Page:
Wire repair often requires the use of terminals and splices. The proper crimping procedures and instructions for tool use are covered in the aircraft Wiring Practices Manual. Terminals are used extensively for aircraft frame (ground) connections and terminal strip interconnects. Splices are normally used for wire repair. The use of "exposed" splices is limited to areas inside the pressure vessel with no chances of chemical (Skydrol®) contamination.
All terminals and splices are designed for double crimps. The crimp on the wire insulation provides tensile strength. The crimp on the wire itself is for electrical conductivity. To long or short of a wire strip will decrease the effectiveness of the connection.
Proper placement in the crimping tool is also needed. A terminal or splice that has not been positioned correctly will most likely be bent out of shape. Crimping tool damage could also result. Once the first "click" is heard while crimping, the tool must finish the cycle before the crimp head will open.
Quick Notes For Crimping
Color codes for wire gauge are standard for all aircraft usage. Yellow 10-12, Blue 14-16, and Pink/Red 18-22.
The inserts shown with the splices on this page allow for two different wire gauges to be connected together. The blue insert fits into a yellow splice and the red insert fits into a blue splice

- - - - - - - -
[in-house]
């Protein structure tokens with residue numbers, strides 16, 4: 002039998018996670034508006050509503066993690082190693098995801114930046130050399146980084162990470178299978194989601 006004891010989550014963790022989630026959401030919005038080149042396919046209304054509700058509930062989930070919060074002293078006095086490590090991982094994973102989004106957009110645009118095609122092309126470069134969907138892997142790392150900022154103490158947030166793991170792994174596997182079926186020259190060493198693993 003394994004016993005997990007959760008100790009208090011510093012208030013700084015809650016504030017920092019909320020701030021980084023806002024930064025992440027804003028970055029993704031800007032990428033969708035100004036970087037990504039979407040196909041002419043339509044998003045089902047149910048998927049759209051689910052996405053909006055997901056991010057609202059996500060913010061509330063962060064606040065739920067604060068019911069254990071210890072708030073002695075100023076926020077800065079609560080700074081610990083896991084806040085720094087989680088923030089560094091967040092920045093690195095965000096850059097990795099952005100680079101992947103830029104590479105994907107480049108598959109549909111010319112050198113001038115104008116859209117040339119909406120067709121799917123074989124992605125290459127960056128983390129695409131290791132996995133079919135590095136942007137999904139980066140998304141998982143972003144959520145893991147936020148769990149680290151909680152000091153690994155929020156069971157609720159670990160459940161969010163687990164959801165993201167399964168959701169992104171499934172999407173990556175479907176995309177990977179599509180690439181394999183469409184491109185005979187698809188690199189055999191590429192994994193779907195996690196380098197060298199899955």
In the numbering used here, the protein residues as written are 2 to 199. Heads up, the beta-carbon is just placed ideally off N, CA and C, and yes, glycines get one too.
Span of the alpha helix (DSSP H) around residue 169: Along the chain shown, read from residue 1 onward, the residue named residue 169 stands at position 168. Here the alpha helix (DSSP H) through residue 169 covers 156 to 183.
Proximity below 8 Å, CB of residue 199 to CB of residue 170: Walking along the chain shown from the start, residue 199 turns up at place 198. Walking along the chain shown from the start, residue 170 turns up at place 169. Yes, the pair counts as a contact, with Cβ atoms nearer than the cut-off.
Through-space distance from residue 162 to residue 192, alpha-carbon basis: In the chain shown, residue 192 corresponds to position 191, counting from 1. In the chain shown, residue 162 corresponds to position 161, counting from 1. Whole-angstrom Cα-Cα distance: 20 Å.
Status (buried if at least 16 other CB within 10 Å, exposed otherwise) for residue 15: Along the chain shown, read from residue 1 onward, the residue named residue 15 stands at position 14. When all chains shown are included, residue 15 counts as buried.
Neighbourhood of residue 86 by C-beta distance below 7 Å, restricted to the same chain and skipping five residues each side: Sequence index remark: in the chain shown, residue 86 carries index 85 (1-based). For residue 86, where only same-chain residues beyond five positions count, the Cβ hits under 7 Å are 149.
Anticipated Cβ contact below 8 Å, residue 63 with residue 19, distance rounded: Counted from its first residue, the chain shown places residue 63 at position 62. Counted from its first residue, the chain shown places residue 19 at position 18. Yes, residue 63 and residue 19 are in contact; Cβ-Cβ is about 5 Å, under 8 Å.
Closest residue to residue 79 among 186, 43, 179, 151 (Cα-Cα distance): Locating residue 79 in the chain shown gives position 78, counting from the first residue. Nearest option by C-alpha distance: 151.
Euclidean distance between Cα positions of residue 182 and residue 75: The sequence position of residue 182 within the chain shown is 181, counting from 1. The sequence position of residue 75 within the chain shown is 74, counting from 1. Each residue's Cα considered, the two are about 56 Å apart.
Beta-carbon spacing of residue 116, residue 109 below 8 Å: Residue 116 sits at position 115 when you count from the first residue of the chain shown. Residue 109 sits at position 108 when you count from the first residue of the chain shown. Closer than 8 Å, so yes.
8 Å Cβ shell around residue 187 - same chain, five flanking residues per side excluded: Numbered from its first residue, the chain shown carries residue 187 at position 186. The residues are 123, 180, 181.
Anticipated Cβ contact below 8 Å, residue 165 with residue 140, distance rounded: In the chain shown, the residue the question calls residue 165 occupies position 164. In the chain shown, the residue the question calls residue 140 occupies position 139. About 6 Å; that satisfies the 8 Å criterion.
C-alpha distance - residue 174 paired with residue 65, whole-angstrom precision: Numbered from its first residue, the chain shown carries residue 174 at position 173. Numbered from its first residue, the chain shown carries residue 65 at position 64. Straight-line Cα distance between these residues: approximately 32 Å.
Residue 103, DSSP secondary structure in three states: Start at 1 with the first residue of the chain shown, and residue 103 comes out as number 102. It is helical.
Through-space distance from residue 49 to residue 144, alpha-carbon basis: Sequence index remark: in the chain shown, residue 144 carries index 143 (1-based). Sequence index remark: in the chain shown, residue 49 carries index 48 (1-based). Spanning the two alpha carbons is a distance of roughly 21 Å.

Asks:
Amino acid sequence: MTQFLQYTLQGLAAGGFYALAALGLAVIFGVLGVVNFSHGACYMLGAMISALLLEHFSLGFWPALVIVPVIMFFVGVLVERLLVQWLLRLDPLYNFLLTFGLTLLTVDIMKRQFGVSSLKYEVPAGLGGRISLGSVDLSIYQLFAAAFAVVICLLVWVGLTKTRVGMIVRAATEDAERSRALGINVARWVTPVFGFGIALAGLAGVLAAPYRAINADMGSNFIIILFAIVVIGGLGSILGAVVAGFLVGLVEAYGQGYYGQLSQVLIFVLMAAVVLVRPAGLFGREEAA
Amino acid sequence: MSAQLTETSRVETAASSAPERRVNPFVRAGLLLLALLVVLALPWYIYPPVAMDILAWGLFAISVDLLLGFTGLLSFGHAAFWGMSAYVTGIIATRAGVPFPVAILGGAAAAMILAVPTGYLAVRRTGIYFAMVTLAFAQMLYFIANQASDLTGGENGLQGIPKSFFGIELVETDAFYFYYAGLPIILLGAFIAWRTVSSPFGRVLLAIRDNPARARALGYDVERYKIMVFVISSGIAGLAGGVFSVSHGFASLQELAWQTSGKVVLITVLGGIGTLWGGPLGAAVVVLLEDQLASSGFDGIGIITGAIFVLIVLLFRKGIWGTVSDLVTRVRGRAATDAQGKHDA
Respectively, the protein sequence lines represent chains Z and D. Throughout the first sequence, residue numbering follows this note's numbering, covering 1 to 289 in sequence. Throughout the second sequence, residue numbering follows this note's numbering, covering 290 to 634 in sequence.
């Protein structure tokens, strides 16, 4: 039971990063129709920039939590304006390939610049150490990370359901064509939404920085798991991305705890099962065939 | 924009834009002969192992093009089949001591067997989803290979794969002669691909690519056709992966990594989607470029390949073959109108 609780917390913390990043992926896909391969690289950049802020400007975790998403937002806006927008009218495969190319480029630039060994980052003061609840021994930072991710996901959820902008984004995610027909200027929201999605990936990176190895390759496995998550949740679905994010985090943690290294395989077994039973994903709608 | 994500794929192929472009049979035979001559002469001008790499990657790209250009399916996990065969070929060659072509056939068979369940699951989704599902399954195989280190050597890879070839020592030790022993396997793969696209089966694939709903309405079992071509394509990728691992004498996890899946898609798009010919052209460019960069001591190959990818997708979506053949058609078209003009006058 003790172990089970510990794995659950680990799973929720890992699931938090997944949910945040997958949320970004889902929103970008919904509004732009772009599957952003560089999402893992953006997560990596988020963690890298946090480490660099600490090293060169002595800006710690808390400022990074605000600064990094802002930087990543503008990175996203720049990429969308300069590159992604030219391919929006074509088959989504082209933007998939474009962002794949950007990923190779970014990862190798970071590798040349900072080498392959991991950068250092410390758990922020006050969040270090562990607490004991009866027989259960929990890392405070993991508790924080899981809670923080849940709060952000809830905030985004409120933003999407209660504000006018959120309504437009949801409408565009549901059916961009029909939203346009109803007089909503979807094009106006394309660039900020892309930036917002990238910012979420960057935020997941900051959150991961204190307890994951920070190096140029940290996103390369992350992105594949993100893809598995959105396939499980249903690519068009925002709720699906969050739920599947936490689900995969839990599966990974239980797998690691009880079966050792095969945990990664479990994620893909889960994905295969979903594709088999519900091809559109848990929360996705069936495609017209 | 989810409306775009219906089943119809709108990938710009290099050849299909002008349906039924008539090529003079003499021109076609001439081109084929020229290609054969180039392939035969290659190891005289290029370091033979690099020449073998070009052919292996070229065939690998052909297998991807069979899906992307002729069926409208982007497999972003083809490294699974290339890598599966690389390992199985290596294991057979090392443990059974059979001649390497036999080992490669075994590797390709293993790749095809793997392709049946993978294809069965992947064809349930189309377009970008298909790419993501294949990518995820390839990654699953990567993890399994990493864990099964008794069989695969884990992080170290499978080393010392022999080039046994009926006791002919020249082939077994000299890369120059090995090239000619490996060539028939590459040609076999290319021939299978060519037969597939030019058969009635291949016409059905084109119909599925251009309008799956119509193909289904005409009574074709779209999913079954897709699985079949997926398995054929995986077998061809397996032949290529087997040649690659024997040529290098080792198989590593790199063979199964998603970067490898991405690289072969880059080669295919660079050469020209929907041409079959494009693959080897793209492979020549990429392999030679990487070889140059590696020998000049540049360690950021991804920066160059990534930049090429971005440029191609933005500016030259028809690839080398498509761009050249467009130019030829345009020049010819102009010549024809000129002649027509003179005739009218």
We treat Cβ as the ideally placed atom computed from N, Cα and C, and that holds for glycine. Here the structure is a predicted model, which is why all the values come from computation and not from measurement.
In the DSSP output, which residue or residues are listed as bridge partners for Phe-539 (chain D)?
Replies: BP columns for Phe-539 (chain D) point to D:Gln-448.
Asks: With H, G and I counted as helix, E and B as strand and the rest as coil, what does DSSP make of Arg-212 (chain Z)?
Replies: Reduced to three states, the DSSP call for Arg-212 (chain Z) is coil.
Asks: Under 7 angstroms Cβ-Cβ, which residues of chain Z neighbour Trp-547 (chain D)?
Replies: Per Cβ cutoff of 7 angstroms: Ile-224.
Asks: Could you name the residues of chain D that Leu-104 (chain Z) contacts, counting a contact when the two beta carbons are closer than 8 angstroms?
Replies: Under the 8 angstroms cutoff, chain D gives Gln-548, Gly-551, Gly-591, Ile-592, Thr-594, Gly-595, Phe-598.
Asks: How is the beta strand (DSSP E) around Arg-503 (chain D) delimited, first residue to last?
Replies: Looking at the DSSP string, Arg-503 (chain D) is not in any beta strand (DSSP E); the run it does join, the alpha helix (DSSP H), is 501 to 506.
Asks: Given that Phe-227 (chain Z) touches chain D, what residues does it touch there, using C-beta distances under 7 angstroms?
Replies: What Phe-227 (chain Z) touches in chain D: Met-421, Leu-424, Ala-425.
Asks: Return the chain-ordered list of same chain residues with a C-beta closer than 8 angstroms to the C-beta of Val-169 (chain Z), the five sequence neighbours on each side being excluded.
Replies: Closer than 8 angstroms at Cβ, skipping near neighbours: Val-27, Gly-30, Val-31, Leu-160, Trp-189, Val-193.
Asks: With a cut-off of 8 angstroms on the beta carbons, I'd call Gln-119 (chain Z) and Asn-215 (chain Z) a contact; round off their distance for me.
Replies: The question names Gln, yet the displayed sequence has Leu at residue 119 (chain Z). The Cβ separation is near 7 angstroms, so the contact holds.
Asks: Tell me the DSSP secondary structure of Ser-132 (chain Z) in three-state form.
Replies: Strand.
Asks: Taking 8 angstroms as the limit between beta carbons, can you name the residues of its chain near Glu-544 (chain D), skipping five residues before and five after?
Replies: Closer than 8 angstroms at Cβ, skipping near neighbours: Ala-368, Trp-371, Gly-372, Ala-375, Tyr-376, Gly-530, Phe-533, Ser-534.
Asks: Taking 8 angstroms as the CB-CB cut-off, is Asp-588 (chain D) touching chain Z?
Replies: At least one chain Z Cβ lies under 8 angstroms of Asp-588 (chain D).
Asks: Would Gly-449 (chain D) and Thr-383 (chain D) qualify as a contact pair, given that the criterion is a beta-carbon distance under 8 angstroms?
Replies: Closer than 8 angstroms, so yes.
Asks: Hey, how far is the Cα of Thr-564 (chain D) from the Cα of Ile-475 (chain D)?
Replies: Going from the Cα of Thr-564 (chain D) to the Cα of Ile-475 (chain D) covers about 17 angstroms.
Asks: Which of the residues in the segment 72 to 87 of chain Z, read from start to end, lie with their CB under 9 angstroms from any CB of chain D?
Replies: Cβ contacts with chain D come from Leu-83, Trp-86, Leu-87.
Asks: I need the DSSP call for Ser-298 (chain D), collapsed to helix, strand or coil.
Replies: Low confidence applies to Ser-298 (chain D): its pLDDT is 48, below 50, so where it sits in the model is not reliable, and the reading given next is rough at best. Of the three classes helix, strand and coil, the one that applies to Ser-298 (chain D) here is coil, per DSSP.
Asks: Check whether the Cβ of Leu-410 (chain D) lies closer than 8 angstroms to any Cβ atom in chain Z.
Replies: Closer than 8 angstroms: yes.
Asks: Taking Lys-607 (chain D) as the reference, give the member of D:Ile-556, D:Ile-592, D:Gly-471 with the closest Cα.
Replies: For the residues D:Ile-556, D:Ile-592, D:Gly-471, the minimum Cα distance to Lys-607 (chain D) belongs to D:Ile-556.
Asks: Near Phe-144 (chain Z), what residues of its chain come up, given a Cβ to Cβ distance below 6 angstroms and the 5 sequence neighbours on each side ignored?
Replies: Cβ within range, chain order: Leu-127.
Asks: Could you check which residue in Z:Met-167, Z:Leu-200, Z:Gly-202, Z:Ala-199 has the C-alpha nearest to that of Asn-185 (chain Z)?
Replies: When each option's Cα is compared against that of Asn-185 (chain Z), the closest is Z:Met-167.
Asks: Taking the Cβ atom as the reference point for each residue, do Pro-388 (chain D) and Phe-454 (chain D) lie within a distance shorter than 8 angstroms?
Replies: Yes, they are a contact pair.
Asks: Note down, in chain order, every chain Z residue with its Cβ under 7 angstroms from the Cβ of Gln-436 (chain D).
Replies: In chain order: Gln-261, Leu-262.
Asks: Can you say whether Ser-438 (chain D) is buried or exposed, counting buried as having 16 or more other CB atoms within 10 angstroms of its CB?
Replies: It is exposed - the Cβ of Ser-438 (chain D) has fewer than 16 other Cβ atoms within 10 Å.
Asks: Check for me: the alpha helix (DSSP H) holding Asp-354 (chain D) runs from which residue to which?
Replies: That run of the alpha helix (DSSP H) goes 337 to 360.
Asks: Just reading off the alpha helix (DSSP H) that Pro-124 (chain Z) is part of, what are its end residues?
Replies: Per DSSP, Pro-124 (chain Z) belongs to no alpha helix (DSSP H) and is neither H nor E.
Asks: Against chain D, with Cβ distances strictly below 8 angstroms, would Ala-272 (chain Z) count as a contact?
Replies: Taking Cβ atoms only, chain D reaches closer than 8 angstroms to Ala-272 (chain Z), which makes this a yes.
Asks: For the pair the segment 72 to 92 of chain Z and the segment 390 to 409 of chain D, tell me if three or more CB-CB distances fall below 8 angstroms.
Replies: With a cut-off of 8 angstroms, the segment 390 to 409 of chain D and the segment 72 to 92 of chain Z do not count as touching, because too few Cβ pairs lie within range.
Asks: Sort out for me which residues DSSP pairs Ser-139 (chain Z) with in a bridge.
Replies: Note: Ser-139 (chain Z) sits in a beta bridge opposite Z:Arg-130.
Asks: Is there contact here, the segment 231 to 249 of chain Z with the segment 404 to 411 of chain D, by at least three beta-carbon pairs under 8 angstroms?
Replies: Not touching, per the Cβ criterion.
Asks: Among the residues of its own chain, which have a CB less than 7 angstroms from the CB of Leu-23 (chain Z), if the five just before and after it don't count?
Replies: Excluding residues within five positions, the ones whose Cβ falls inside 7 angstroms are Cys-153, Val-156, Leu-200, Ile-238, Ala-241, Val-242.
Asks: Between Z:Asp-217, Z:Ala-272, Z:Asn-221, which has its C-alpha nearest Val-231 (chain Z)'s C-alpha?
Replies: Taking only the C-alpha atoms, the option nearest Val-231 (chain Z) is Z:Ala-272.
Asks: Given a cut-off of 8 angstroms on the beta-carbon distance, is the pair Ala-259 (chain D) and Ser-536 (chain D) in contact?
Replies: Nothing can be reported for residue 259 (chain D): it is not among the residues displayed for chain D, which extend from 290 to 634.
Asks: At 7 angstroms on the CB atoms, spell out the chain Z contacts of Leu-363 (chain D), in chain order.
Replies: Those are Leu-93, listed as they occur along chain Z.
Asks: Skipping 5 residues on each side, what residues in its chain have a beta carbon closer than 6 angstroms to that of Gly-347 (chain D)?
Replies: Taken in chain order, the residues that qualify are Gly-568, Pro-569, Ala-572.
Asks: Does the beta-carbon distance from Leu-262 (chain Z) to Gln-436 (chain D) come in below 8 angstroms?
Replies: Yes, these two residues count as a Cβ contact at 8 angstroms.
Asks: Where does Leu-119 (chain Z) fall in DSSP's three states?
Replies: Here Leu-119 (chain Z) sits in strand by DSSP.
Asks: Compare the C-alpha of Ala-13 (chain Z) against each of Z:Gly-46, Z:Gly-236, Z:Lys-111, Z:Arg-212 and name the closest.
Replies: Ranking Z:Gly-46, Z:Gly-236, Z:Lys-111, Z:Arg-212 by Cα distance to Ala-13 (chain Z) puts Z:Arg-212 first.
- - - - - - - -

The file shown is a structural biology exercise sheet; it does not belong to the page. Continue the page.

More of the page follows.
The tool, terminals, and splices shown here are commonly used on aircraft manufactured in the United States. Airbus® aircraft have a slightly different style and material for their terminals. A specific tool is needed for crimping these, but a double crimp is still the result.
Crimping tools will have an alignment bar for placement. Splices will have a notch that fits under this bar. Terminal lugs also go under this bar. If the terminal is positioned correctly, the bar acts as a "stop" for the wire as it is inserted.
A good splice is characterized by the two crimps at the correct locations and wire visible through the inspection window at the midpoint of the splice.
A good terminal connection will have two properly placed crimps along with the wire visible on the lug side of the terminal.
Automotive crimpers and channel lock pliers are not proper for aircraft terminal or splice usage.
I'm spending time going back thru forum topics these days! I can appreciate the features of these crimpers to crimp the insulation independently of the wire barrel, and limit the wire exposed out the barrel end. In the automotive world, for something that should be so straightforward, it seems to be botched frequently!
They are the most reliable! We use the crimp solder and seal splices exclusively at the shop I work at. I was considering buying a DeWalt 20V cordless heat gun , instead of always dealing with a cord, especially if its a repair out in the lot. Like you said in one of your other posts...its easy to burn thru the shrink tubing with a flame.